Do you love 2D medieval battling? Of course you do, who doesn’t. Well Griefhelm gives that to you in spades, not literal spades to be clear.
Griefhelm puts you in the shoes of a knight facing off against enemies, sometimes singular that have to be defeated under differing conditions and sometimes multiple that again have conditions for your victory.
If you’ve played Nidhogg, you’ll certainly be at home with one of the main modes, Tug of War, that involves getting passed your enemy to the end, then defeating a ‘Last Stand’ version of your attacker.
The element that will put off most players is going to be the difficulty, as Griefhelm has an extremely steep learning curve. Seriously, we’re talking Cooper’s Hill of the Gloucestershire Cheese Rolling steep.
Most of the hits you take will be a one, or if you’re lucky two shot kill on your knight, that makes starting the game very difficult.
Phasing straight through the wall, just like the knights of old.
Rock, Paper, Flail?
Starting Griefhelm you’re given the options of Campaign, Encounter, Online or Tutorial. Luckily the game throws you into the Tutorial initially to hone your skills and make sense of what exactly your character is capable of.
Learning about stances is vital, as learning how to parry (due to the ease of which you can get killed) will constantly save your life, as will the dash, which is your dodge mechanic and the shove/kick option to give you room to attack from distance.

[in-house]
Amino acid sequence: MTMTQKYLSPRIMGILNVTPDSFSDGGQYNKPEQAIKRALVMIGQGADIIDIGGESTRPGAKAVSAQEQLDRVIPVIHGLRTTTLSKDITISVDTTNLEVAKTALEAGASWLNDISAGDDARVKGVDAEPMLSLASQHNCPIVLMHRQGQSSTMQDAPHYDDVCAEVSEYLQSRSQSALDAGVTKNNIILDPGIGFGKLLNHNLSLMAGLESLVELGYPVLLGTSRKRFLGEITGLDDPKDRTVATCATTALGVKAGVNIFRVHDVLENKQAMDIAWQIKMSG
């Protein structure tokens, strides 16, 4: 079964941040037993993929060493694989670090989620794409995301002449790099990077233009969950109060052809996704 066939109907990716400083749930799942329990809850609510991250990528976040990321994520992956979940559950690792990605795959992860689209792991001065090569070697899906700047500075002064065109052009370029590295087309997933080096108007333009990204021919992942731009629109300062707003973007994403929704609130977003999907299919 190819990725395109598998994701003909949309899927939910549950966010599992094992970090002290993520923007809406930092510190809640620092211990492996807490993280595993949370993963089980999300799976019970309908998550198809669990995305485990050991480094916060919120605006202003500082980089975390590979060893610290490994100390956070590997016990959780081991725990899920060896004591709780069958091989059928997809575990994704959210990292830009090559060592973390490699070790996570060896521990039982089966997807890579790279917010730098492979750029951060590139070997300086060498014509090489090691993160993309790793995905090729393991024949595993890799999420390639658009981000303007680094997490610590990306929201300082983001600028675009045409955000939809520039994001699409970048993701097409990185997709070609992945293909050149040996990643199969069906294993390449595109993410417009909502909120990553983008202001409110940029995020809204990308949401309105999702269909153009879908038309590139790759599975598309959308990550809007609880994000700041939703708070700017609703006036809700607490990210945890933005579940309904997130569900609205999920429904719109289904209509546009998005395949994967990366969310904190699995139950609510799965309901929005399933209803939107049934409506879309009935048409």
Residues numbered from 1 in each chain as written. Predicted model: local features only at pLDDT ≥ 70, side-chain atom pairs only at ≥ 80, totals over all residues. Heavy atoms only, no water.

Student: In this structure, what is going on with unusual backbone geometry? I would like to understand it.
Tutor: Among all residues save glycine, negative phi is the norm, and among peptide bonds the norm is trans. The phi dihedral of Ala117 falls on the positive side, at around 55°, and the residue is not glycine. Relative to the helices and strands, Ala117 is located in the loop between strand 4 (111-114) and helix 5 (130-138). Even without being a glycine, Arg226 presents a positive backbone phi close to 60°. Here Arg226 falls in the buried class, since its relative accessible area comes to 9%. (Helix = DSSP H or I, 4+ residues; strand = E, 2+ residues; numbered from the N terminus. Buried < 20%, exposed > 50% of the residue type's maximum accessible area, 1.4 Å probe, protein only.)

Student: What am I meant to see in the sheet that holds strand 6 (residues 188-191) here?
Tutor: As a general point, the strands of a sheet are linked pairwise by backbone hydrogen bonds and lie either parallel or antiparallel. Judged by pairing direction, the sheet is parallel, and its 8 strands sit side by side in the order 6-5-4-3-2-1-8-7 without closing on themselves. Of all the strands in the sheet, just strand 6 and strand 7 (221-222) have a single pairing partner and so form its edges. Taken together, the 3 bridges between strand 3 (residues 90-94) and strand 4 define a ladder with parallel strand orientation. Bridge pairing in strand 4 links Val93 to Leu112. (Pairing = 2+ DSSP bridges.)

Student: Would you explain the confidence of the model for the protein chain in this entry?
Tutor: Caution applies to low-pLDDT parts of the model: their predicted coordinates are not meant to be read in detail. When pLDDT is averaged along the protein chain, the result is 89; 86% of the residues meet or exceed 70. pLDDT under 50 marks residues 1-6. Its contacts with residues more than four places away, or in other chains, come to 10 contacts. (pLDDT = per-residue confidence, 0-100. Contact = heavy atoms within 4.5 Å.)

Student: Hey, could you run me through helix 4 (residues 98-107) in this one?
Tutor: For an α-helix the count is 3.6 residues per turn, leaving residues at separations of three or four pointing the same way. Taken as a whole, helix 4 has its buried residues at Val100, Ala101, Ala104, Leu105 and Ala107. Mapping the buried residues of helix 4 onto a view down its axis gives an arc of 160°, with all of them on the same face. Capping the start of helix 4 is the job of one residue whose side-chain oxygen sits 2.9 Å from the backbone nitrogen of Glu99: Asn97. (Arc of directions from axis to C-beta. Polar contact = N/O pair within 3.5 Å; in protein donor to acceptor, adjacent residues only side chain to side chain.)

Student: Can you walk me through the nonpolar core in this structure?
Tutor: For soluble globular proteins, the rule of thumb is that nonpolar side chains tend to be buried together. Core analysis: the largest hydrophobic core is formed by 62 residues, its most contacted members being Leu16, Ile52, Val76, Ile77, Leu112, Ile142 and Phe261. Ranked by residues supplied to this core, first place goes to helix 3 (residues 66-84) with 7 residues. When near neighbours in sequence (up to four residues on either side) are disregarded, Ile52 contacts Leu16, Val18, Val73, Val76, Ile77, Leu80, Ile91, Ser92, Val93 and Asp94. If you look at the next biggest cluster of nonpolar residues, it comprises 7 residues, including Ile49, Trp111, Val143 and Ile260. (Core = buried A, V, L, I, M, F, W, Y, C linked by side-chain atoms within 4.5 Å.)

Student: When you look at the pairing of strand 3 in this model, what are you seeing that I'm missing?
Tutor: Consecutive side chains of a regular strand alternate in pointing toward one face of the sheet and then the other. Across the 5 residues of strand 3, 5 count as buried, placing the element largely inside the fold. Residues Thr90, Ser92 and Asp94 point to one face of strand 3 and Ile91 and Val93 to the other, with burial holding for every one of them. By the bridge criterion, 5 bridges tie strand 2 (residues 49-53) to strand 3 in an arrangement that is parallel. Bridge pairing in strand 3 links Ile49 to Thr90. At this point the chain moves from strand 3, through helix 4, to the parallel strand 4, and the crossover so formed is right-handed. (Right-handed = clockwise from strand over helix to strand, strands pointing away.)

The games has three stances, high, mid and low, which can make it feel like you’re playing rock, paper, scissors with knights. Matching your opponents stance will execute a parry, otherwise you take the hit. Likewise with your attacks, though the speed of your enemies and distance will sometimes amount to little time to match their stance and defend yourself.
The effect is considerably less in depth than a game like Nioh where the stances have more ranging effects than just average rock, paper, scissor gameplay.
You can also jump, but it’s not really that useful. You can jump as high as Darth Maul at the end of The Phantom Menace.
Fighting for the entertainment of the genitalless man.
Node Modes (patent pending)
Tug of War: The game can feel slow, like a slow motion Nidhogg at times when passing your opponent is the goal.
Skirmish: Kill him till he is definitely dead, maybe kick him to make sure, the fucker keeps getting up!
Free-For-All: Battle to be the last knight standing. By, you got it, killing everyone else, how did you know that? Damn you’re smart.
Horde: Defeat the horde of attackers; men, women, or children they’re all going down. (Disclaimer: there are no women or children in the game, well they all wear armour, so could be *shrugs*).
Battle: You’ve brought your mates, maybe let them do the work, so you can die a little later than if you go full Leroy Jenkins. Push your enemies back to their base and finish them to the last.
There isn’t a lot of explanation in regard to the story, game modes for each node or even what your goal is bar, kill the guy again and again.